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In the previous lecture notes, we used (linear) Fourier analysis to control the number of three-term arithmetic progressions {a, a+r, a+2r} in a given set {A}. The power of the Fourier transform for this problem ultimately stemmed from the identity

\displaystyle  \mathop{\bf E}_{n,r \in {\bf Z}/N'{\bf Z}} 1_A(n) 1_A(n+r) 1_A(n+2r)

\displaystyle  = \sum_{\alpha \in \frac{1}{N'}{\bf Z} / {\bf Z}} \hat 1_A(\alpha) \hat 1_A(-2\alpha) \hat 1_A(\alpha) \ \ \ \ \ (1)

for any cyclic group {{\bf Z}/N'{\bf Z}} and any subset {A} of that group (analogues of this identity also exist for other finite abelian groups, and to a lesser extent to non-abelian groups also, although that is not the focus of my current discussion). As it turns out, linear Fourier analysis is not able to discern higher order patterns, such as arithmetic progressions of length four; we give some demonstrations of this below the fold, taking advantage of the polynomial recurrence theory from Notes 1.

The main objective of this course is to introduce the (still nascent) theory of higher order Fourier analysis, which is capable of studying higher order patterns. The full theory is still rather complicated (at least, at our present level of understanding). However, one aspect of the theory is relatively simple, namely that we can largely reduce the study of arbitrary additive patterns to the study of a single type of additive pattern, namely the parallelopipeds

\displaystyle  ( x + \omega_1 h_1 + \ldots + \omega_d h_d )_{\omega_1,\ldots,\omega_d \in \{0,1\}}. \ \ \ \ \ (2)

Thus for instance, for {d=1} one has the line segments

\displaystyle  x, x+h_1 \ \ \ \ \ (3)

for {d=2} one has the parallelograms

\displaystyle  x, x+h_1, x+h_2, x+h_1+h_2, \ \ \ \ \ (4)

for {d=3} one has the parallelopipeds

\displaystyle  x, x+h_1, x+h_2, x+h_3, x+h_1+h_2, x+h_1+h_3, x+h_2+h_3, x+h_1+h_2+h_3. \ \ \ \ \ (5)

These patterns are particularly pleasant to handle, thanks to the large number of symmetries available on the discrete cube {\{0,1\}^d}. For instance, whereas establishing the presence of arbitrarily long arithmetic progressions in dense sets is quite difficult (Szemerédi’s theorem), establishing arbitrarily high-dimensional parallelopipeds is much easier:

Exercise 1 Let {A \subset [N]} be such that {|A| > \delta N} for some {0 < \delta \leq 1}. If {N} is sufficiently large depending on {\delta}, show that there exists an integer {1 \leq h \ll 1/\delta} such that {|A \cap (A+h)| \gg \delta^2 N}. (Hint: obtain upper and lower bounds on the set {\{ (x,y) \in A \times A: x < y \leq x + 10/\delta \}}.)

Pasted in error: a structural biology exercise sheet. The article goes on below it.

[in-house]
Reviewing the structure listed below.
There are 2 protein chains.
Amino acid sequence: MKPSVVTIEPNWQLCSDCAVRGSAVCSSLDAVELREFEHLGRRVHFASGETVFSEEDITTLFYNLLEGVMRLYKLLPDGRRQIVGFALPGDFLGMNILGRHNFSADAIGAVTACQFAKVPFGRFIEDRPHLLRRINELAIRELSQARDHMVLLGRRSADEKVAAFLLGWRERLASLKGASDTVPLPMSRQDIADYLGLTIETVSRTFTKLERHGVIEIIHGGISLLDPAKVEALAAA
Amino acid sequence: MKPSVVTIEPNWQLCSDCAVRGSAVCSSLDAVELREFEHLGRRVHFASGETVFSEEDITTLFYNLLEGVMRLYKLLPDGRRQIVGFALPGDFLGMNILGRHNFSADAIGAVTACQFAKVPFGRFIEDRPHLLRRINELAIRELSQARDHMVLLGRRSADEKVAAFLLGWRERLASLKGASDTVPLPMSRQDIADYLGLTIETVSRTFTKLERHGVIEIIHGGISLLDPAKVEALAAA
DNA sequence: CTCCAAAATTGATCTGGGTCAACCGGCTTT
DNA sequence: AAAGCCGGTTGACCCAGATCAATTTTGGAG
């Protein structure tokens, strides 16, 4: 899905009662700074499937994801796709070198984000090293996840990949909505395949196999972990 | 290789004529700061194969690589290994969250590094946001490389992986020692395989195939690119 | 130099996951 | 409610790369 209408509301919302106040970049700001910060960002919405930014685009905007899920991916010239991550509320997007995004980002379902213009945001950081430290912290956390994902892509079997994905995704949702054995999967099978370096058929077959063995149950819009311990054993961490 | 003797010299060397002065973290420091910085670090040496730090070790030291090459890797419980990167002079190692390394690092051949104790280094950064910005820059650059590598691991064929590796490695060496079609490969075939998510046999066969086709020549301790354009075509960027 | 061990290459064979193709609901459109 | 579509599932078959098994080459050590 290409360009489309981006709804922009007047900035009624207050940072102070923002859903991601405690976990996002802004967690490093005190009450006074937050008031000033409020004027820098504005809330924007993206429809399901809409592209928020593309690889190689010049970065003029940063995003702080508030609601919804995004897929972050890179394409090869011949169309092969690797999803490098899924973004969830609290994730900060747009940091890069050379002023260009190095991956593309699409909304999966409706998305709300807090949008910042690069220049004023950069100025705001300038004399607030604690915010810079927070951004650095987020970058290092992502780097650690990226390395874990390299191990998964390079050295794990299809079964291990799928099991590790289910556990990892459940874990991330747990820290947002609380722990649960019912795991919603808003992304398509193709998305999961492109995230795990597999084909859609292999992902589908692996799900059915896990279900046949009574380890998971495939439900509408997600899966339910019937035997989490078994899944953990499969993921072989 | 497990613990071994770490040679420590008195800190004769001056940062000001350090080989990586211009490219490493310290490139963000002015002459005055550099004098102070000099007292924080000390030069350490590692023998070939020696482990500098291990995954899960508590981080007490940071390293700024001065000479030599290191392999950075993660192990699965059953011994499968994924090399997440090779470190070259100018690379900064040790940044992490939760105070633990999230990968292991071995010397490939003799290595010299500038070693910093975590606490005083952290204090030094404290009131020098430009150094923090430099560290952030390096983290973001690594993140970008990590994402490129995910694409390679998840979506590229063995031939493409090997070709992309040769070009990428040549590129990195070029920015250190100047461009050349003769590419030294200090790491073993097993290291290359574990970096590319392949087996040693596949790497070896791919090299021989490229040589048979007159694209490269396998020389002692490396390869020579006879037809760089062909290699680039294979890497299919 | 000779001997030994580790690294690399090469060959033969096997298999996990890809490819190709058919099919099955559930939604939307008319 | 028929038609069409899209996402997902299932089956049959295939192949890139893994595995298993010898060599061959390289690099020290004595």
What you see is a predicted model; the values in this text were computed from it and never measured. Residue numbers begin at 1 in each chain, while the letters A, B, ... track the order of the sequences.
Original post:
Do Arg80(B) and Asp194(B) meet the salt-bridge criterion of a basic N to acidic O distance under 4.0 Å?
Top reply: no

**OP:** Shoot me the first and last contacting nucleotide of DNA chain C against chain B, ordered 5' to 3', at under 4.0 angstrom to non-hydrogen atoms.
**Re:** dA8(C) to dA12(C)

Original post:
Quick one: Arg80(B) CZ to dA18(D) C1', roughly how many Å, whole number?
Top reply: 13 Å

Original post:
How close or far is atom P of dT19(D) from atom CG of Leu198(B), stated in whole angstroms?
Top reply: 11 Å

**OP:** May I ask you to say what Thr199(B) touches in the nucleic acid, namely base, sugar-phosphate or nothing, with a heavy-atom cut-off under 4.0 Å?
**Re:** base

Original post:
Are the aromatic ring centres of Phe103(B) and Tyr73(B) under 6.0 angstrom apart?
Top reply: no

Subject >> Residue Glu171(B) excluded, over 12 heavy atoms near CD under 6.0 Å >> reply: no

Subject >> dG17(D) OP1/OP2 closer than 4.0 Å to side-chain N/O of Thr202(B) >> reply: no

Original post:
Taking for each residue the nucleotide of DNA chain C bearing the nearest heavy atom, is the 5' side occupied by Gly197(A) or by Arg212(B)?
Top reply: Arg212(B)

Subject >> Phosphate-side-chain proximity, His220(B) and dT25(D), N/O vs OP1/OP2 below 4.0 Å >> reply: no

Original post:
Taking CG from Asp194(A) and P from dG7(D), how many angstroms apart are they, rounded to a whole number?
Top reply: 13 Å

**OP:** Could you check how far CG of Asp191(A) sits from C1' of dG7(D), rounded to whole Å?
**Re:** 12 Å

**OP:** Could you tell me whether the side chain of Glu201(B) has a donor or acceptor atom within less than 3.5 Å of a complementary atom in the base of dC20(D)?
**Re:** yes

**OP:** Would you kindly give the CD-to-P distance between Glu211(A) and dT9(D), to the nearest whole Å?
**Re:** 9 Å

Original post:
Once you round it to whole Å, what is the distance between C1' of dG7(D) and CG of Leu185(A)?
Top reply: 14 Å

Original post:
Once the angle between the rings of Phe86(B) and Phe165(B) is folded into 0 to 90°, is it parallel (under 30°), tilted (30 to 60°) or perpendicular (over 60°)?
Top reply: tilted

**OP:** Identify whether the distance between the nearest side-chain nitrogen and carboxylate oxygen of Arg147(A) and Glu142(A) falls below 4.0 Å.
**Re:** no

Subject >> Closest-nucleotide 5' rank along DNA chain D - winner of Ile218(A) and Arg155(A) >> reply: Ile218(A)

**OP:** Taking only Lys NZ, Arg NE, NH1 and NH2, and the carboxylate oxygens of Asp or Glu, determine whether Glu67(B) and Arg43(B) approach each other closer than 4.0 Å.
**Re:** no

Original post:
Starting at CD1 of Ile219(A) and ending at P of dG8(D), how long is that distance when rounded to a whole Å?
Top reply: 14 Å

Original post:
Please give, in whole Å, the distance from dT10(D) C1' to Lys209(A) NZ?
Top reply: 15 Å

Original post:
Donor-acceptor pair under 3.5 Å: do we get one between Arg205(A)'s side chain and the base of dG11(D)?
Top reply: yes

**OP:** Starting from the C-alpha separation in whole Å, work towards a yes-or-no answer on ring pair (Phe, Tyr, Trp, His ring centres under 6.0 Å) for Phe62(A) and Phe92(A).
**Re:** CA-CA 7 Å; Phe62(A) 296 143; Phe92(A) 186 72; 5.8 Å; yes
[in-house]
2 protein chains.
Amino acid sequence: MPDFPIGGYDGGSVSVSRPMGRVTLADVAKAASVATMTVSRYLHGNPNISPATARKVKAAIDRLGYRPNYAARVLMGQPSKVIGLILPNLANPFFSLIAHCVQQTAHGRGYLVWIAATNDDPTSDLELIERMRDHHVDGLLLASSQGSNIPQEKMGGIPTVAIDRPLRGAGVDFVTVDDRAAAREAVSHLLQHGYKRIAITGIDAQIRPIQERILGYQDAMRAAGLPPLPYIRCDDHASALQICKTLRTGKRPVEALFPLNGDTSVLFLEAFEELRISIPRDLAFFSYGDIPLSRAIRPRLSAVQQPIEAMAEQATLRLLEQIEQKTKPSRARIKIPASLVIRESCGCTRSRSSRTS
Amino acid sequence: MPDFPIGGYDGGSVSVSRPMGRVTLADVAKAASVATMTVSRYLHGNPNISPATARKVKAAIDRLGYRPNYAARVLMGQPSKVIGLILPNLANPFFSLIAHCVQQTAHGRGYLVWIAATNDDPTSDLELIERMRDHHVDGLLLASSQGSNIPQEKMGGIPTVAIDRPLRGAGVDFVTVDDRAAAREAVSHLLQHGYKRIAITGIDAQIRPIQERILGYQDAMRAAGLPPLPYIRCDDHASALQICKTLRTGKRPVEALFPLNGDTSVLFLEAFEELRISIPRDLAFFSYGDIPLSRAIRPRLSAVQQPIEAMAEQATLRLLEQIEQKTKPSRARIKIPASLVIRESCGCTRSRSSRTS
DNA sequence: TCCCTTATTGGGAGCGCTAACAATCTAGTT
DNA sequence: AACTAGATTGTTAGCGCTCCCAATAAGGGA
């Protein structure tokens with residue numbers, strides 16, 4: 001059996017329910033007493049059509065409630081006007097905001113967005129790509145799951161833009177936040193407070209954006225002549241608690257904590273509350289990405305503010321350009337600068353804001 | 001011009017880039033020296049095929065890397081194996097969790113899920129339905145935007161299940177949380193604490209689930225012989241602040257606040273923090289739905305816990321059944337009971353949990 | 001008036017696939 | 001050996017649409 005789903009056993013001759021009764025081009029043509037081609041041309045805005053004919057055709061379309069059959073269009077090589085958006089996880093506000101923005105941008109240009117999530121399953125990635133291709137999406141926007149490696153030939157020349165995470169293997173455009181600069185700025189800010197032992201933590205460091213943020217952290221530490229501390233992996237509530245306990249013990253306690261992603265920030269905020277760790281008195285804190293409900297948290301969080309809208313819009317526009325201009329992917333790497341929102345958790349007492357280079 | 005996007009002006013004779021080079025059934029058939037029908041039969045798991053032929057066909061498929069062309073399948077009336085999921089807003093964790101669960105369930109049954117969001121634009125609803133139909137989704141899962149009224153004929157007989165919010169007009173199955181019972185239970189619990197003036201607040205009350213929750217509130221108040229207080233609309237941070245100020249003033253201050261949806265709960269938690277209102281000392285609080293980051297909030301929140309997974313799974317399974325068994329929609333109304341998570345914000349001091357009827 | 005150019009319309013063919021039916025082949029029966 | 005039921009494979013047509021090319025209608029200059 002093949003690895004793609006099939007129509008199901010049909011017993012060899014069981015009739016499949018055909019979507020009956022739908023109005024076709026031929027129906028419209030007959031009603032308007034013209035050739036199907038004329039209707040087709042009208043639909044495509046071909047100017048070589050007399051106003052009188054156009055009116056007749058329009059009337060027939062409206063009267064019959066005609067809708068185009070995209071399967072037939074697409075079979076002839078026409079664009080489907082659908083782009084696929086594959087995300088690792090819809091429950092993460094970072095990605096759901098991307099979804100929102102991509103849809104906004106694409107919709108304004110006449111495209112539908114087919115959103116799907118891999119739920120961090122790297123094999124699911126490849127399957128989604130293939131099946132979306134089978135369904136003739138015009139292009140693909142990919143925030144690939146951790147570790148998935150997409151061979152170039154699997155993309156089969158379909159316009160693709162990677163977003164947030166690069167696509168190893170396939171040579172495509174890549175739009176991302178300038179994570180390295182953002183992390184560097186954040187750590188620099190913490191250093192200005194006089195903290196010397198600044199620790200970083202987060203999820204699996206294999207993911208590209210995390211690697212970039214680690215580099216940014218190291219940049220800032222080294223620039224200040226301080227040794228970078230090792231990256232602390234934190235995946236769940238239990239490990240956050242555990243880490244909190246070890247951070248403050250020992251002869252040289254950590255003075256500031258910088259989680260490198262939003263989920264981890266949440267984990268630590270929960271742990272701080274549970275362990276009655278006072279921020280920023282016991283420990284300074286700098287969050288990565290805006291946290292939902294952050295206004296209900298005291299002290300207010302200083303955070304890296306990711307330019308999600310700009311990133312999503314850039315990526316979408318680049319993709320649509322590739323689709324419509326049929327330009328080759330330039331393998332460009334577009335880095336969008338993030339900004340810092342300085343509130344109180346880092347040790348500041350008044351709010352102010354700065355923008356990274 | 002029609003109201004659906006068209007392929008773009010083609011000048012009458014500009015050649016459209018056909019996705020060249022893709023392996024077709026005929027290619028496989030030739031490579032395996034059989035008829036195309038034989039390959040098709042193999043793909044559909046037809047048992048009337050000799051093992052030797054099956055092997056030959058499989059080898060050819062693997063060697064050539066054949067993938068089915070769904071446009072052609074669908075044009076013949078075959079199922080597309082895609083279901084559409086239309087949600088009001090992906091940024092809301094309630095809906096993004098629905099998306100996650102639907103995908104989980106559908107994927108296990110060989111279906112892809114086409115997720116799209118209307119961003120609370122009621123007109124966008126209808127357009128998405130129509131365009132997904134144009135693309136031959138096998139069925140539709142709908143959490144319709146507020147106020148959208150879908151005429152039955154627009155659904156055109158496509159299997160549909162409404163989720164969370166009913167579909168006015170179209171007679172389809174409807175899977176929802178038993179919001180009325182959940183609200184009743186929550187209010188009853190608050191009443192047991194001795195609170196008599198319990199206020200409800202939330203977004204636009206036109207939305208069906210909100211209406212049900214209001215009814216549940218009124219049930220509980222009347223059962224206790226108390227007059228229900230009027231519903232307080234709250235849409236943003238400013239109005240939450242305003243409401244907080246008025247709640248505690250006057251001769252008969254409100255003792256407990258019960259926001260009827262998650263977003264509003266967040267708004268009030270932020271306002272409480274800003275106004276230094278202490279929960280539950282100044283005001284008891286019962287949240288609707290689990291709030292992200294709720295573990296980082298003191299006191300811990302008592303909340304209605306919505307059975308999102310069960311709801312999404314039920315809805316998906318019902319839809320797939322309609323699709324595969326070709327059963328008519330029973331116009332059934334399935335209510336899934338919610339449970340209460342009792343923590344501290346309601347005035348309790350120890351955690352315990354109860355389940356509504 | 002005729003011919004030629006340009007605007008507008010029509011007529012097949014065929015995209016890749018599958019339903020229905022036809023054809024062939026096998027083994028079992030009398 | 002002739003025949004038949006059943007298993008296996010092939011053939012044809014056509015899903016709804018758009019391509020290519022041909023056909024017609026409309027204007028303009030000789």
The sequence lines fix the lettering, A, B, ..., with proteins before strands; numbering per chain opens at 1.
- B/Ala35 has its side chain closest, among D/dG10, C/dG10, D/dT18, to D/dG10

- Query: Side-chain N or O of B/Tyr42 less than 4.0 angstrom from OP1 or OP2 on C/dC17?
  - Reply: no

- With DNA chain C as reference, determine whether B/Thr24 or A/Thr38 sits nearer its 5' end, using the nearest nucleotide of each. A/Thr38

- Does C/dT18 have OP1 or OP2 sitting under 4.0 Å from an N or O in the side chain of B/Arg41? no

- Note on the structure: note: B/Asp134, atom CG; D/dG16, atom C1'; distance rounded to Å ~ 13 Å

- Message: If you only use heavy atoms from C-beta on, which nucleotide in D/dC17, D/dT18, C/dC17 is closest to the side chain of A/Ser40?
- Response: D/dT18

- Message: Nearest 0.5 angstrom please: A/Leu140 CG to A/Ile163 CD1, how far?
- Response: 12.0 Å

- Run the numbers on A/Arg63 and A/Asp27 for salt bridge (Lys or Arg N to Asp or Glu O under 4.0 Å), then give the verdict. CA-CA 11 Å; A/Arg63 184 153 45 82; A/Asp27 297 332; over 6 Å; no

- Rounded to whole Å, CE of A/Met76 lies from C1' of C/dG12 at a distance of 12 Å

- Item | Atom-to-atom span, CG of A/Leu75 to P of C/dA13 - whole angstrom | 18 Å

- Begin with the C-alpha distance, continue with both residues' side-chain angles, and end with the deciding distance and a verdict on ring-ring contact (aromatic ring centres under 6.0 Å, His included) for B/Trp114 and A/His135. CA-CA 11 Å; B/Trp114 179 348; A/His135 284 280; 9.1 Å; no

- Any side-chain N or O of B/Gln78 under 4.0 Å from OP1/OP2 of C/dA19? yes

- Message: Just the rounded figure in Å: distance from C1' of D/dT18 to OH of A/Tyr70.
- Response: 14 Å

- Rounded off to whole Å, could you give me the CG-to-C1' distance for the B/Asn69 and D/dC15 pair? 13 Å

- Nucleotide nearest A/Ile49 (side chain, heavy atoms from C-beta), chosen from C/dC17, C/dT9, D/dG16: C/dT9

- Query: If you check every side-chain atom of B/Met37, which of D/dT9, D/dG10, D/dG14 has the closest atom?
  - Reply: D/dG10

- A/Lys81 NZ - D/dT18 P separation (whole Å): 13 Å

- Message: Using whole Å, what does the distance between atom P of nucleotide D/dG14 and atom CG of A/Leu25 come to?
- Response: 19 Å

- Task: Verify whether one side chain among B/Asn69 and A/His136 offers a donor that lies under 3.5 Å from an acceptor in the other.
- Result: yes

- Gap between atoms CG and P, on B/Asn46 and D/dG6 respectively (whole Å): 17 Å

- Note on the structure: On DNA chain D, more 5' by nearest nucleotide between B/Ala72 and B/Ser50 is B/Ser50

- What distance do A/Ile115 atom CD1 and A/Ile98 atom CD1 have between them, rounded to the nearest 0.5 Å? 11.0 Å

Exercise 2 (Hilbert cube lemma) Let {A \subset [N]} be such that {|A| > \delta N} for some {0 < \delta \leq 1}, and let {d \geq 1} be an integer. Show that if {N} is sufficiently large depending on {\delta,d}, then {A} contains a parallelopiped of the form (2), with {1 \leq h_1,\ldots,h_d \ll_\delta 1} positive integers. (Hint: use the previous exercise and induction.) Conclude that if {A \subset {\bf Z}} has positive upper density, then it contains infinitely many such parallelopipeds for each {d}.

Exercise 3 Show that if {q \geq 1} is an integer, and {d} is sufficiently large depending on {q}, then for any parallelopiped (2) in the integers {{\bf Z}}, there exists {\omega_1,\ldots,\omega_d \in \{0,1\}}, not all zero, such that {x + h_1 \omega_1 + \ldots + h_d \omega_d = x \hbox{ mod } q}. (Hint: pigeonhole the {h_i} in the residue classes modulo {q}.) Use this to conclude that if {A} is the set of all integers {n} such that {|n-km!| \geq m} for all integers {k, m \geq 1}, then {A} is a set of positive upper density (and also positive lower density) which does not contain any infinite parallelopipeds (thus one cannot take {d=\infty} in the Hilbert cube lemma).

The standard way to control the parallelogram patterns (and thus, all other (finite complexity) linear patterns) are the Gowers uniformity norms

\displaystyle  \| f\|_{U^d(G)} := {\bf E}_{x,h_1,\ldots,h_d \in G} \prod_{\omega_1,\ldots,\omega_d \in \{0,1\}^d} {\mathcal C}^{\omega_1+\ldots+\omega_d} f(x+\omega_1 h_1 + \ldots + \omega_d h_d) \ \ \ \ \ (6)

with {f: G \rightarrow {\bf C}} a function on a finite abelian group {G}, and {{\mathcal C}: z \mapsto \overline{z}} is the complex conjugation operator; analogues of this norm also exist for group-like objects such as the progression {[N]}, and also for measure-preserving systems (where they are known as the Gowers-Host-Kra uniformity seminorms, see this paper of Host-Kra for more discussion). In this set of notes we will focus on the basic properties of these norms; the deepest fact about them, known as the inverse conjecture for these norms, will be discussed in later notes.

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